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Court Dicusses Rule of Perpetuities


Issues of estate probate can be difficult to figure out. The wishes that a decedent places into their will should be considered as indelible in most cases. However, sometimes a will contains requirements that are not only difficult, but unreasonable for the decedent to place on their progeny. In one case that was heard in New York, Kings County Probate on December 23, 2008, conditions of this type were discussed.

In the incident case, the decedent left several pieces of property to different relatives. However, she placed numerous prerequisites on the acceptance of the property. She required that her family home be left to her niece and must not be sold. She stated that in that residence, the family was required to provide a room for an indigent friend of hers for free for the remainder of his life. She also left a property that was her family business to three members of her family. Two of these family members were people who lived in other countries.

A New York Probate Lawyer said the decedent’s niece filed a motion in probate that the requirements of the will were in violation of the rule against perpetuities. The rule against perpetuities was established to support the public policy of free transfer of property without restrictions on the living by the dead. It prevents an owner of property from putting limits on the power of future owners of the property. The rule against the restraint on alienation of property prevents an owner from creating requirements in their wills that block the recipient from selling or giving away the property as they see fit. In order to determine if the requirement of the will is reasonable, it must have limitations set forth in the document in reference to its duration, price and purpose.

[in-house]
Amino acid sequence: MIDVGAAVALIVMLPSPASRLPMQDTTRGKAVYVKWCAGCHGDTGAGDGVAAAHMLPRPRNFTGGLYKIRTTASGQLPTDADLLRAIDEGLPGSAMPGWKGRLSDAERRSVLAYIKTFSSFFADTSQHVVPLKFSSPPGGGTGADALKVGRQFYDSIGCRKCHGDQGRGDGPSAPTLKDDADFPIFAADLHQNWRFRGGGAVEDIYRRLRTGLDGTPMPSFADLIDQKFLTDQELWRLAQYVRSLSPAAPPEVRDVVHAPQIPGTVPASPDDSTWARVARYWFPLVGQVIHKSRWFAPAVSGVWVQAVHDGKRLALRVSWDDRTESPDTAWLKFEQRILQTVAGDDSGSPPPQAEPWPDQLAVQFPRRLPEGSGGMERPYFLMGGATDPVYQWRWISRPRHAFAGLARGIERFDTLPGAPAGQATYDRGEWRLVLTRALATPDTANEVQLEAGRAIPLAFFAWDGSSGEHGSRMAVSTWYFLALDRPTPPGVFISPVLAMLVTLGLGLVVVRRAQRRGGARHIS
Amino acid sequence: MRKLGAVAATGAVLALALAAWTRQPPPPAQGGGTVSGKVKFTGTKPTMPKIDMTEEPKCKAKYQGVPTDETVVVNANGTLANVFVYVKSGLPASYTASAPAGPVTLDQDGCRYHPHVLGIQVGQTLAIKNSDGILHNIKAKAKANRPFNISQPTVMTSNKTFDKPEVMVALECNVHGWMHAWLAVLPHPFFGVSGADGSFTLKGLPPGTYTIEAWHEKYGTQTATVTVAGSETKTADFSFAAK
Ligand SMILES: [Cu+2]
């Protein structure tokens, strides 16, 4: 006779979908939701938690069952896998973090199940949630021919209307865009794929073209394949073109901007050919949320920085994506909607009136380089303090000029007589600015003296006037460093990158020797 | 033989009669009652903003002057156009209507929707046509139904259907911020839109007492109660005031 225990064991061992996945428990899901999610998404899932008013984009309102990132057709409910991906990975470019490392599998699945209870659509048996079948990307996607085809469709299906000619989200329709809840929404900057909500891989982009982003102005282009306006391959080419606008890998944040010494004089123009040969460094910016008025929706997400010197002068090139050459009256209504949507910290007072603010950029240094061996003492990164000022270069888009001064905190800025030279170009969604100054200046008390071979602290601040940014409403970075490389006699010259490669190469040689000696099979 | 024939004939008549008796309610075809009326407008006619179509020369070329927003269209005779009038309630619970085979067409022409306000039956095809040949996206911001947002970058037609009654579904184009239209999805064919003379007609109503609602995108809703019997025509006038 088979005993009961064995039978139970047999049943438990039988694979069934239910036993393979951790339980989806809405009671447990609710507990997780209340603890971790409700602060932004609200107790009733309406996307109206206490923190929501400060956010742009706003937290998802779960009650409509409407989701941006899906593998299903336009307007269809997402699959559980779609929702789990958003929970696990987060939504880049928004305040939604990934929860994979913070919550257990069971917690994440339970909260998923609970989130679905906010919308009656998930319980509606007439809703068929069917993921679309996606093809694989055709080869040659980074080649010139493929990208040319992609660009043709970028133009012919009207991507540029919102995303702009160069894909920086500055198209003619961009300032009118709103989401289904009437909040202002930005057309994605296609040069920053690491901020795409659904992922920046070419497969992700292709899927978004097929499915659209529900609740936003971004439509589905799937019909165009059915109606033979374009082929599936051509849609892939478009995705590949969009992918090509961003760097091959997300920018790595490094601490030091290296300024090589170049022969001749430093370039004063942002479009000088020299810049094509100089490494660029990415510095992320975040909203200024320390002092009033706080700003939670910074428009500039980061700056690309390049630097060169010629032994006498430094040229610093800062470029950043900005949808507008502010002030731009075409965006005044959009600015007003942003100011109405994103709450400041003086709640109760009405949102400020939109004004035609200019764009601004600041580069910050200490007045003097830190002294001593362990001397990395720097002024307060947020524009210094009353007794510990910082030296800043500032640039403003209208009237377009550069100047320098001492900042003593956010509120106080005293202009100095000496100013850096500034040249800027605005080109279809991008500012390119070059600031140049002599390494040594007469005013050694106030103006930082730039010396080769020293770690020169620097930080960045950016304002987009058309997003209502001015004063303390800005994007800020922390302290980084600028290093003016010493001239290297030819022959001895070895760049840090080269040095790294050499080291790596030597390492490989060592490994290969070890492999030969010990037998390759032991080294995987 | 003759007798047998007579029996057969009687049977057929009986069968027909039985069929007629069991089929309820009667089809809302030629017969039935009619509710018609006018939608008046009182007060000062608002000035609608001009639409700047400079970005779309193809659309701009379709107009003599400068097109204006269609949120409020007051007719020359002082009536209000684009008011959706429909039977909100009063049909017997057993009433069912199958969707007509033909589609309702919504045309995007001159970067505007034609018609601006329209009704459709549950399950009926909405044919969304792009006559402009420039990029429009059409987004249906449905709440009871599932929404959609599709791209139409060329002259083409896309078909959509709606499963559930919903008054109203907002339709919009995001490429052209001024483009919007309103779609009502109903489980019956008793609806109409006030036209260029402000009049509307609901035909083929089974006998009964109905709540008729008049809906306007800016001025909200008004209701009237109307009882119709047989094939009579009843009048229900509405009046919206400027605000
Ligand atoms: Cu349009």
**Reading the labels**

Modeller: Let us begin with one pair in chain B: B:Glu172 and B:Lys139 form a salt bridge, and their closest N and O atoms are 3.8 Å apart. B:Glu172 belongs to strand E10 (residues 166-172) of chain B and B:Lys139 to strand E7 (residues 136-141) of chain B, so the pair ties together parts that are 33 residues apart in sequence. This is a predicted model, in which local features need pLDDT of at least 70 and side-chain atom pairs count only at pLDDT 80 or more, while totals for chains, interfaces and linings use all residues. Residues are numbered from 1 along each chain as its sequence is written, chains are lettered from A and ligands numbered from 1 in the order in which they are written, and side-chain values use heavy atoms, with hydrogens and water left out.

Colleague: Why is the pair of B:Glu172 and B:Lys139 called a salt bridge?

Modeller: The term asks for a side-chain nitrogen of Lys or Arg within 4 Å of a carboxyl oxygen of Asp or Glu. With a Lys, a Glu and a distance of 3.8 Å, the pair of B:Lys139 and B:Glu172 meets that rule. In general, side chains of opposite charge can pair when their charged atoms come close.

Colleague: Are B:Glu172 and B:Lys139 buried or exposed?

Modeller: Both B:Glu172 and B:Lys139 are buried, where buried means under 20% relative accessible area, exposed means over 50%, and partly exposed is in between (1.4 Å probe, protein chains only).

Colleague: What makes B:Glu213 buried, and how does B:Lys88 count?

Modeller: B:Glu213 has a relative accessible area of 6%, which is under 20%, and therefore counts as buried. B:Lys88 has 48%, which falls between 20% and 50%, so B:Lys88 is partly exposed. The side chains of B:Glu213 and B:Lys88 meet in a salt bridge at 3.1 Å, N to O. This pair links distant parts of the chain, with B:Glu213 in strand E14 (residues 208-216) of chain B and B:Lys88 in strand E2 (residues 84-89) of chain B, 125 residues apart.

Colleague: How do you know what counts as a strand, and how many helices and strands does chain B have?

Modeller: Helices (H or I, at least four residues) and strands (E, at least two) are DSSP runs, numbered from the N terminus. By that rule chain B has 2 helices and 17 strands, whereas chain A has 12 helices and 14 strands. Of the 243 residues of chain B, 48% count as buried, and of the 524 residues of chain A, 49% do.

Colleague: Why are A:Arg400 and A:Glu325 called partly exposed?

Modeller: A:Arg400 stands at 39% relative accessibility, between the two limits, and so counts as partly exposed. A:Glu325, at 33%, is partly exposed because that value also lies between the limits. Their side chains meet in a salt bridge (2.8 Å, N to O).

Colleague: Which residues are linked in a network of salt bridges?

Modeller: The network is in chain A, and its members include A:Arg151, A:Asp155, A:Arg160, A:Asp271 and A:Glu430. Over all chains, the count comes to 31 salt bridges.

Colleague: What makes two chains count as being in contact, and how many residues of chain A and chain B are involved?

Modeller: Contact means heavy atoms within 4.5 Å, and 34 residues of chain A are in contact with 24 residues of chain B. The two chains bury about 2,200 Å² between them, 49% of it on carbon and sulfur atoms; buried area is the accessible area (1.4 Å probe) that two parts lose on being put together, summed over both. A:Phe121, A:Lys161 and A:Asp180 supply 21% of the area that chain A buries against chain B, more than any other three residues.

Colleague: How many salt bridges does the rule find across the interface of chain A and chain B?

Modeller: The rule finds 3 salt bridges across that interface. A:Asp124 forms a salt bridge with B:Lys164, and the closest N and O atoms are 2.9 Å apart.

The Supreme Court determined that the restraints that were spelled out by the decedent in her will posed restraints on the real property that were unreasonable. The court determined that the restraints spelled out in this will were unreasonable and violate the common law rule against unreasonable restraint on alienation that make it invalid. Any references that stated that the home or property could not be sold, must be removed from the document in order for the document to be legally binding. The court stated that the executor of the decedent’s will shall have a deed drawn up that transfers the property of the family home to the recipient spelled out in the document. Nassau County Probate Lawyers said that recipient may sell or maintain that property as they are able to and as they see fit.

The Supreme Court determined that the executor shall also create a deed transferring the real property that was the family business into the names of the persons listed as the recipients pursuant to the language of the will itself. The court noted that the decedent’s friend who was listed as having a free room for life had died prior to the decedent’s death. The decedent had also outlived the two recipients of property from her will that lived in other countries. Therefore, the entire issue of deeds may be moot. The sole surviving relative that was named in the will was the executor.

Situations that involve the desires of a loved one can become distressing to surviving family members as they attempt to sort through the reality of their owns lives with the wishes of the loved one who has passed before them. Long Island Probate Lawyers say that often, the desires of the decedent are incompatible with the lives and abilities of the people with whom they have left their belongings. It is difficult for a surviving loved one to have to face a reality that they cannot live up to the requests that have been made upon them.

At Stephen Bilkis & Associates a probate lawyer, is available in convenient offices located throughout New York and the Metropolitan area to respond to your call. The estate Attorneys at Stephen Bilkis & Associates can provide you with good advice when you are drawing up your own will.

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